For patients with relapsed and/or refractory FLT3-mutated acute myeloid leukemia (AML), treatment with the selective and irreversible FLT3 inhibitor FF-10101-01 had promising clinical activity. This is according to findings from a first-in-human study presented at the 2021 ASCO Annual Meeting.
“FF-10101-01 is highly active against FLT3-ITD mutations associated with high relapse and low survival/remission rates, as well as resistance-conferring D835 and F691 tyrosine kinase domain (TKD) and non-canonical FLT3 activating mutations,” the investigators, led by Mark J. Levis, MD, PhD, of the Sidney Kimmel Comprehensive Cancer Center at Johns Hopkins University, wrote.
A total of 52 patients with a median age of 61 years (range = 21-84) were enrolled in the phase I dose-escalation trial. Participants had received a median of three prior therapies (range = 0-6). The most commonly observed mutations were FLT3-ITD mutations (42%), followed by FLT3-TKD mutations (10%), and both FLT3-ITD and FLT3-TKD mutations (2%). Most patients (82%) with known FLT3 mutations had previously received FLT3 inhibitors, the authors observed.
To establish the maximum tolerated dose, patients were randomized to receive continuous FF-10101-01 at either:
- 10-225 mg once daily
- 50-100 mg every other day
Treatment continued until unacceptable toxicity or no further clinical benefit was observed, for a median of 5.7 weeks (range = 0.1-36).
Common adverse events related to FF-10101-01 included nausea, diarrhea, elevated creatine kinase, vomiting, and increased aspartate aminotransferase. At a dosage of 75 to 150 mg/day, grade 3/4 differentiation syndrome was observed in 8% of patients (n=4). When total daily doses exceeded 200 mg/day, cardiac events (heart failure with reduced ejection fraction; grade 3 increased troponin/creatine kinase) were noted as dose-limiting toxicities.
During follow-up, five of 31 patients evaluable for response experienced a complete remission (CR), for a CR rate of 16%. Two patients, including one whose disease had previously progressed despite treatment with gilteritinib, experienced CR with incomplete hematologic recovery at a dose of 50 mg every other day. Another two patients achieved CR with incomplete platelet recovery at 50 and 100 mg, respectively, every other day; and one patient with a FLT3-ITD mutation achieved a CR at 75 mg every other day.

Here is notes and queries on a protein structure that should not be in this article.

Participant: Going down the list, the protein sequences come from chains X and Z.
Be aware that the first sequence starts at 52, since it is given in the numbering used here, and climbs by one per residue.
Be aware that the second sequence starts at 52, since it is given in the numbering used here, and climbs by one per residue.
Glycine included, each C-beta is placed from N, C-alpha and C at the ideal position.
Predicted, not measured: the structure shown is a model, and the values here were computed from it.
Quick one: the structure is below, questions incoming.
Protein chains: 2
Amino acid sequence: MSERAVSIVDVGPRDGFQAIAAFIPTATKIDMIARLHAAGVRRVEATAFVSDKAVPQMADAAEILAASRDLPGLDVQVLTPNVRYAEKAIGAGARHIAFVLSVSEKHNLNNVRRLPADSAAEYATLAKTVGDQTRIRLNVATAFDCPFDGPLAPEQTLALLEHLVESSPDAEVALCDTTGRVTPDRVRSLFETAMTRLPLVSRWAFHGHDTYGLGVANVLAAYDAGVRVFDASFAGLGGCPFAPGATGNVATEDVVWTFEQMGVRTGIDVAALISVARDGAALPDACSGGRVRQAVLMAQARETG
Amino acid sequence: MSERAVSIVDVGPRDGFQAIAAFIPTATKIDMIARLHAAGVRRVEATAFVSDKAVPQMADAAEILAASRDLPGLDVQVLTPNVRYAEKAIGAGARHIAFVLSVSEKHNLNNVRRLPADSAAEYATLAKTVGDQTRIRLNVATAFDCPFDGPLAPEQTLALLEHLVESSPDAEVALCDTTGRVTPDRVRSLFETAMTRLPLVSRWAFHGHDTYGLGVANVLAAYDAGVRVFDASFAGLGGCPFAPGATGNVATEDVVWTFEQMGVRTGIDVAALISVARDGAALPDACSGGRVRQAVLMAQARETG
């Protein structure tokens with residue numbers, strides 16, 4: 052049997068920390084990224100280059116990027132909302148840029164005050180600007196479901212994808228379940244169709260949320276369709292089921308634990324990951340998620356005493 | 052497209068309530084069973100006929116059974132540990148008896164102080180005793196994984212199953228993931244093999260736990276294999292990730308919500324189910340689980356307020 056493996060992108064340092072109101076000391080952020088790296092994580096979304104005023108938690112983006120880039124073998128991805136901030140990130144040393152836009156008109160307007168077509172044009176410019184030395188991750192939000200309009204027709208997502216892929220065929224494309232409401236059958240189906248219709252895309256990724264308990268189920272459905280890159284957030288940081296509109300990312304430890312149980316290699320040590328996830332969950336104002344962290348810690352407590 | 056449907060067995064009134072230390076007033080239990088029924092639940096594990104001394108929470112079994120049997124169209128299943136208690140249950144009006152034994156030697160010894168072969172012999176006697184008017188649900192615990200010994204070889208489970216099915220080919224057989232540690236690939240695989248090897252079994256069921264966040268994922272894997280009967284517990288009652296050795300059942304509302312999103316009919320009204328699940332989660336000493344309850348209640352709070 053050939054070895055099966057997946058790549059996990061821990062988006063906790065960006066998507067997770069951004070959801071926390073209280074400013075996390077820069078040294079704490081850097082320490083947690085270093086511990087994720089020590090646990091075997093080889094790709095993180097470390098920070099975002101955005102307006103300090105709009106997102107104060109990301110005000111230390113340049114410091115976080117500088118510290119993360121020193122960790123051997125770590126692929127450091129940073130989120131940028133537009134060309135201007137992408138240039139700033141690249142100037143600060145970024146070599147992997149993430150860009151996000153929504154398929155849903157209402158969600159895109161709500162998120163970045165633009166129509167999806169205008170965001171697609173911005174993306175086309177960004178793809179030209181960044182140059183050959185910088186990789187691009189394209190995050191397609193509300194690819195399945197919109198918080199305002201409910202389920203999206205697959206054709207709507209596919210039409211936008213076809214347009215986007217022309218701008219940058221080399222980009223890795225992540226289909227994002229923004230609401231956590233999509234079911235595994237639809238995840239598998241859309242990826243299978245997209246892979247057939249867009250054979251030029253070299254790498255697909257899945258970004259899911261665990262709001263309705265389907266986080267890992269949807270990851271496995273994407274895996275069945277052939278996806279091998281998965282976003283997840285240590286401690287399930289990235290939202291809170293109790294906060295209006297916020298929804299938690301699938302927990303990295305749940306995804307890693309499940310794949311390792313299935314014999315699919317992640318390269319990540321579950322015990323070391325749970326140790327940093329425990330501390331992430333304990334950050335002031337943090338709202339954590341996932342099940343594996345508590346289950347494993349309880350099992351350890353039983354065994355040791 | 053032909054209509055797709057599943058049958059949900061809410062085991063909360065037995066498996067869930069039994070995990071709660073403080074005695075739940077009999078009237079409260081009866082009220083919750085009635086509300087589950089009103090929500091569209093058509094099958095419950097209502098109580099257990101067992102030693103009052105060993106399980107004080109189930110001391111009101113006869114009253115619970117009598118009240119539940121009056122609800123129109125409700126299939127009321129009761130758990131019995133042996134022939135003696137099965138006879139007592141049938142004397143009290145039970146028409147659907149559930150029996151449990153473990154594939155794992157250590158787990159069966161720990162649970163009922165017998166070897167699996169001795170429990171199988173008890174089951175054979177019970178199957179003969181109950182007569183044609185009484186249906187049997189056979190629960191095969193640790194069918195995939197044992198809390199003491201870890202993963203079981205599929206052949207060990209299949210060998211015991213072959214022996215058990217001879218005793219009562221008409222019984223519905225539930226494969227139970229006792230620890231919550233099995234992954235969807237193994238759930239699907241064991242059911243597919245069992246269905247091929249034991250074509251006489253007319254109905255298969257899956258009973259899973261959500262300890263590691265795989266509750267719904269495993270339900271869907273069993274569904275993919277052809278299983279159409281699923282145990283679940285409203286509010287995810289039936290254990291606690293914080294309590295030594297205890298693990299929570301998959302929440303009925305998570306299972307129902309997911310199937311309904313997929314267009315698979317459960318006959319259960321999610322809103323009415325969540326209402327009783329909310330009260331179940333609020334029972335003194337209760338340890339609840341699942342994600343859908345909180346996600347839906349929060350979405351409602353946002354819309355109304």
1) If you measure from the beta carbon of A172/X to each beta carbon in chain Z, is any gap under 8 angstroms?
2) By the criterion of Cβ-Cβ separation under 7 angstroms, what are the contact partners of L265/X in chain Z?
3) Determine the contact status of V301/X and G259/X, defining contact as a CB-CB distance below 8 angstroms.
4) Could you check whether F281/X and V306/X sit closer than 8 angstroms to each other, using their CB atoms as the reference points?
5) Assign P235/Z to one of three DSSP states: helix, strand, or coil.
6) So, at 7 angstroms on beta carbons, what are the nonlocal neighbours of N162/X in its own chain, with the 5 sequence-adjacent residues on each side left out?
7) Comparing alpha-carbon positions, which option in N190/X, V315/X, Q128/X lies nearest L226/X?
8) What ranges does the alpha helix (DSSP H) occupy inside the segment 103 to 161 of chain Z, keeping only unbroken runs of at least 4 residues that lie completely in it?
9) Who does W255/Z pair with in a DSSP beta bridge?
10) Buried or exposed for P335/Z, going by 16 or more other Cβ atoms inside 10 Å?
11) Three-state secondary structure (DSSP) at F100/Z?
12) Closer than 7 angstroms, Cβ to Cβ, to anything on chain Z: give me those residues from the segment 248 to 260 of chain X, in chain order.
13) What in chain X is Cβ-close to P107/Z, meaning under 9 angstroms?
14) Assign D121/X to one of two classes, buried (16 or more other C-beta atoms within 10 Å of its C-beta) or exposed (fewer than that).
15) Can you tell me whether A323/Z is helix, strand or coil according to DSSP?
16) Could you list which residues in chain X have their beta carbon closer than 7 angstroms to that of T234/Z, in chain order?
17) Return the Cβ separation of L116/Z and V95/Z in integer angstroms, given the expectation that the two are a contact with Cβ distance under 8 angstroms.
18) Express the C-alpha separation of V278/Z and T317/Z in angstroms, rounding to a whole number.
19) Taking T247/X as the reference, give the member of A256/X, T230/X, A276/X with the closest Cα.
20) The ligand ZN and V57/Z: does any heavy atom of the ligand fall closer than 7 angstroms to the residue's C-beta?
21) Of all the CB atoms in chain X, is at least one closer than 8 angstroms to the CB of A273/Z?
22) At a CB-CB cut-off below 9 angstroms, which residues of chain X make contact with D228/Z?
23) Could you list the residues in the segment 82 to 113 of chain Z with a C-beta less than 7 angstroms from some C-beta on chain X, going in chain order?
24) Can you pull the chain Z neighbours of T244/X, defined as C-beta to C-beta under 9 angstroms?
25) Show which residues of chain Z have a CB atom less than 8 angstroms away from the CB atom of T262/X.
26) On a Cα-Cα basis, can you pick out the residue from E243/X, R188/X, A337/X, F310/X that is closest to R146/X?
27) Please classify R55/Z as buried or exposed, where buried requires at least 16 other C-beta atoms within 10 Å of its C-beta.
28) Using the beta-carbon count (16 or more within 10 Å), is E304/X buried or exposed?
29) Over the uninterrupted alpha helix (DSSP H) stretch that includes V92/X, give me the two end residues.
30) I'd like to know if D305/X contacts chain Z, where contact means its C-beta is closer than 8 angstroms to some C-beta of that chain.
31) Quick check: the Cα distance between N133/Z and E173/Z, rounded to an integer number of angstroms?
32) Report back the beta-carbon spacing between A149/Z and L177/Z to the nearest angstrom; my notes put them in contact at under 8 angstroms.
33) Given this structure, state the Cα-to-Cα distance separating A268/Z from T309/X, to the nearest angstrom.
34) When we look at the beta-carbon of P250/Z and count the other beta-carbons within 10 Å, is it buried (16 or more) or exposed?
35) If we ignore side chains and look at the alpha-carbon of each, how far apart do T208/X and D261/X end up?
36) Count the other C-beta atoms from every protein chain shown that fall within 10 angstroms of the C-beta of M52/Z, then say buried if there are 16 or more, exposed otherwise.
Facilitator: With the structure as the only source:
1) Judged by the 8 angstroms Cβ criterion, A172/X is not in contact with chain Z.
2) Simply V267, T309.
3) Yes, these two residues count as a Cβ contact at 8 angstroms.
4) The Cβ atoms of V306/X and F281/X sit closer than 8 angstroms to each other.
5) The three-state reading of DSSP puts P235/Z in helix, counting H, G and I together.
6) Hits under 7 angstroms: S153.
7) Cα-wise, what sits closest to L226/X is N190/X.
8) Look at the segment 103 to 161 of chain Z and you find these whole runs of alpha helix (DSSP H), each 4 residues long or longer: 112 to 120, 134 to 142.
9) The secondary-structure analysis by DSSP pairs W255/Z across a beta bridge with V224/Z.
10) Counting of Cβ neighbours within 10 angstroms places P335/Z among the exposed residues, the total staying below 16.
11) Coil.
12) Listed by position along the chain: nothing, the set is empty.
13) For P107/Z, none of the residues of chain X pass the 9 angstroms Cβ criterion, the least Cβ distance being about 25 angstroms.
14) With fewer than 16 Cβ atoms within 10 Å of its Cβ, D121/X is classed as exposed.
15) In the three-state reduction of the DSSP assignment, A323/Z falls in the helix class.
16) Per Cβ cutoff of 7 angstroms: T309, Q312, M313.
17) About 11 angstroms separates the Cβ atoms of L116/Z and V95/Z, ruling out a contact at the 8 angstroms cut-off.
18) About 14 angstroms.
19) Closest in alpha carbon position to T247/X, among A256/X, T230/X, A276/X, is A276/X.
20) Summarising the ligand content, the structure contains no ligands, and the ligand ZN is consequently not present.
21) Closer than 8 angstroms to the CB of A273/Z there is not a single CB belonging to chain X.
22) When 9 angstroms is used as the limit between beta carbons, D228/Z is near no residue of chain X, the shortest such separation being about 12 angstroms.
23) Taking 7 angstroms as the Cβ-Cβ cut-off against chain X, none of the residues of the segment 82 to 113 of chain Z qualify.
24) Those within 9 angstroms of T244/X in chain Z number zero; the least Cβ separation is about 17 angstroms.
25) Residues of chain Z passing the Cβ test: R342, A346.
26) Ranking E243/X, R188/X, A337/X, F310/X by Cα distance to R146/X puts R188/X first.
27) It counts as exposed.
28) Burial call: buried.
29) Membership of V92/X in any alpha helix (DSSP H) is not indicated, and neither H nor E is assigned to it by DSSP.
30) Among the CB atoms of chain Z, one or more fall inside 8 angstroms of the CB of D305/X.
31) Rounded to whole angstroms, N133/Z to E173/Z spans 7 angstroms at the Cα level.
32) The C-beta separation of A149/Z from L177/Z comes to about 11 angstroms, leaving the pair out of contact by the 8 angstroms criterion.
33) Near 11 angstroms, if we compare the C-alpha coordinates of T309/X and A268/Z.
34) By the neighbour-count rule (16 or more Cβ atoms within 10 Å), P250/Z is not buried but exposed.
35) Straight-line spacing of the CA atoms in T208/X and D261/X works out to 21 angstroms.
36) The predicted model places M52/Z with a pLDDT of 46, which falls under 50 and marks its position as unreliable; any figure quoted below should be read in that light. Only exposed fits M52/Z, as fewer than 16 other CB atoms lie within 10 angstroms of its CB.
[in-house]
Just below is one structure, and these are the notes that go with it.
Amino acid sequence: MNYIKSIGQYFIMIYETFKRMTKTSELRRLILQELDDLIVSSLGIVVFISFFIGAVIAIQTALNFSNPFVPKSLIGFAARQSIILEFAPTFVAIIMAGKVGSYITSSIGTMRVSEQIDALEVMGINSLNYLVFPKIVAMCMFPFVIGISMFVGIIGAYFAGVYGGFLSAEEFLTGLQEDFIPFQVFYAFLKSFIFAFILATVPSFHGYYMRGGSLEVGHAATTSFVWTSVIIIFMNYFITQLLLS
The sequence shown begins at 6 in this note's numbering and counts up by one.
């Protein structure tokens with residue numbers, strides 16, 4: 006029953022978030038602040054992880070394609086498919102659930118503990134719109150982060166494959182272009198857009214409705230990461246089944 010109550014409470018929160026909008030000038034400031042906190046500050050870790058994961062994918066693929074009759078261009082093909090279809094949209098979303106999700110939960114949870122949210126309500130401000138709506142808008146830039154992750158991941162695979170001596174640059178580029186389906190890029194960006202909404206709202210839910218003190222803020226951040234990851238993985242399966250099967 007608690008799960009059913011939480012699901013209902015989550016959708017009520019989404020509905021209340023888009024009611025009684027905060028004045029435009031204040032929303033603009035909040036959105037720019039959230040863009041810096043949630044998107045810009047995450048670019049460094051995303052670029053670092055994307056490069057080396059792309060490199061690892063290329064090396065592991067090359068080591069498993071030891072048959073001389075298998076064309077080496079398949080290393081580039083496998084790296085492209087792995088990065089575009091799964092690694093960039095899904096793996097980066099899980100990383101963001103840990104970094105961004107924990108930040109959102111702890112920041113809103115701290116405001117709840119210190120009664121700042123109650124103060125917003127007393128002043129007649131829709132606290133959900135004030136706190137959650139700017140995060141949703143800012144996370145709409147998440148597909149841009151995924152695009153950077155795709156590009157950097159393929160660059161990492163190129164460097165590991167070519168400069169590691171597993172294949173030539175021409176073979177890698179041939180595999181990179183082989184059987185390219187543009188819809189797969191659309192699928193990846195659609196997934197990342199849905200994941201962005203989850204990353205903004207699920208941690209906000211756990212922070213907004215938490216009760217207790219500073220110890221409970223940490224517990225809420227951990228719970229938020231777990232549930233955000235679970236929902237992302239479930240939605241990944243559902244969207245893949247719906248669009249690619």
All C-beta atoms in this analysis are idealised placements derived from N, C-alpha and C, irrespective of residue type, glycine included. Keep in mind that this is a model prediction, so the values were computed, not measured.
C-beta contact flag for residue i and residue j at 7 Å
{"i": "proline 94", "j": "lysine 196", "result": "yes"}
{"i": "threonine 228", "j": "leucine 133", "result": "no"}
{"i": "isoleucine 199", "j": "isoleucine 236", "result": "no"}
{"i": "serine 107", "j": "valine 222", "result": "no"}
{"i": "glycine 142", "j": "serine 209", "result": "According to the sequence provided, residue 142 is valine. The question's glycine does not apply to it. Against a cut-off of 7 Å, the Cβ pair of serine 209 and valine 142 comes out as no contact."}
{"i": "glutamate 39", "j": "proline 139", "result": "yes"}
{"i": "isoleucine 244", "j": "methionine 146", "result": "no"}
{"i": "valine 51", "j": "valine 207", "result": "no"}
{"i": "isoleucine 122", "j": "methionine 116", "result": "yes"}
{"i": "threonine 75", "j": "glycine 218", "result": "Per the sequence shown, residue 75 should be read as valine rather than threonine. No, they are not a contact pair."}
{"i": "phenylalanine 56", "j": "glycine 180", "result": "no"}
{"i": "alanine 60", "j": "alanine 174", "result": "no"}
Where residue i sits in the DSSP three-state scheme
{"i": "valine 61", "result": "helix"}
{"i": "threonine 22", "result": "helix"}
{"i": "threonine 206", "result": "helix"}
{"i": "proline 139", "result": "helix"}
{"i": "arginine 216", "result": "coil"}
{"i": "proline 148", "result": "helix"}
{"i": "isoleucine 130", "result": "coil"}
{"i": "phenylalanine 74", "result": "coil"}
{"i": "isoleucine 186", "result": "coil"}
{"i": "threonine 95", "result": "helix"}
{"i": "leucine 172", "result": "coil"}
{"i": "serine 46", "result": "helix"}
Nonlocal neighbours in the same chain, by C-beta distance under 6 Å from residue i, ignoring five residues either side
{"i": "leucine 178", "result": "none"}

An additional two patients experienced a partial response (defined as a ≥50% decrease in bone marrow blasts to 5-25% abnormal cells) at total daily doses of 50 and 150 mg, respectively. Both patients had previously received FLT3 kinase inhibitors, and two had FLT3-ITD mutations.
The median time to response was 13.3 weeks, the researchers added.
“Doses of FF-10101-01 50 to 75 mg every other day were well tolerated and resulted in sustained FLT3 inhibition,” the authors wrote. Based on further review of data, they added, the recommended phase II dose will be 50 or 75 mg every other day. At a dose of 75 mg every other day, trough plasma concentrations were >90 ng/mL and p-FLT3 inhibition was maintained over the dosing interval in >90% of patients.
The findings of this early-phase study need to be confirmed in larger trials, the authors noted, but they concluded that FF-10101-01 is a promising investigational therapy for AML.
The authors report relationships with Fujifilm Pharmaceuticals, which funded the trial.
Levis MJ, Smith C, Perl AE, et al. Phase 1 first-in-human study of irreversible FLT3 inhibitor FF-10101-01 in relapsed or refractory acute myeloid leukemia. Abstract #7008. Presented at the 2021 American Society of Clinical Oncology Annual Meeting, June 4-8, 2021.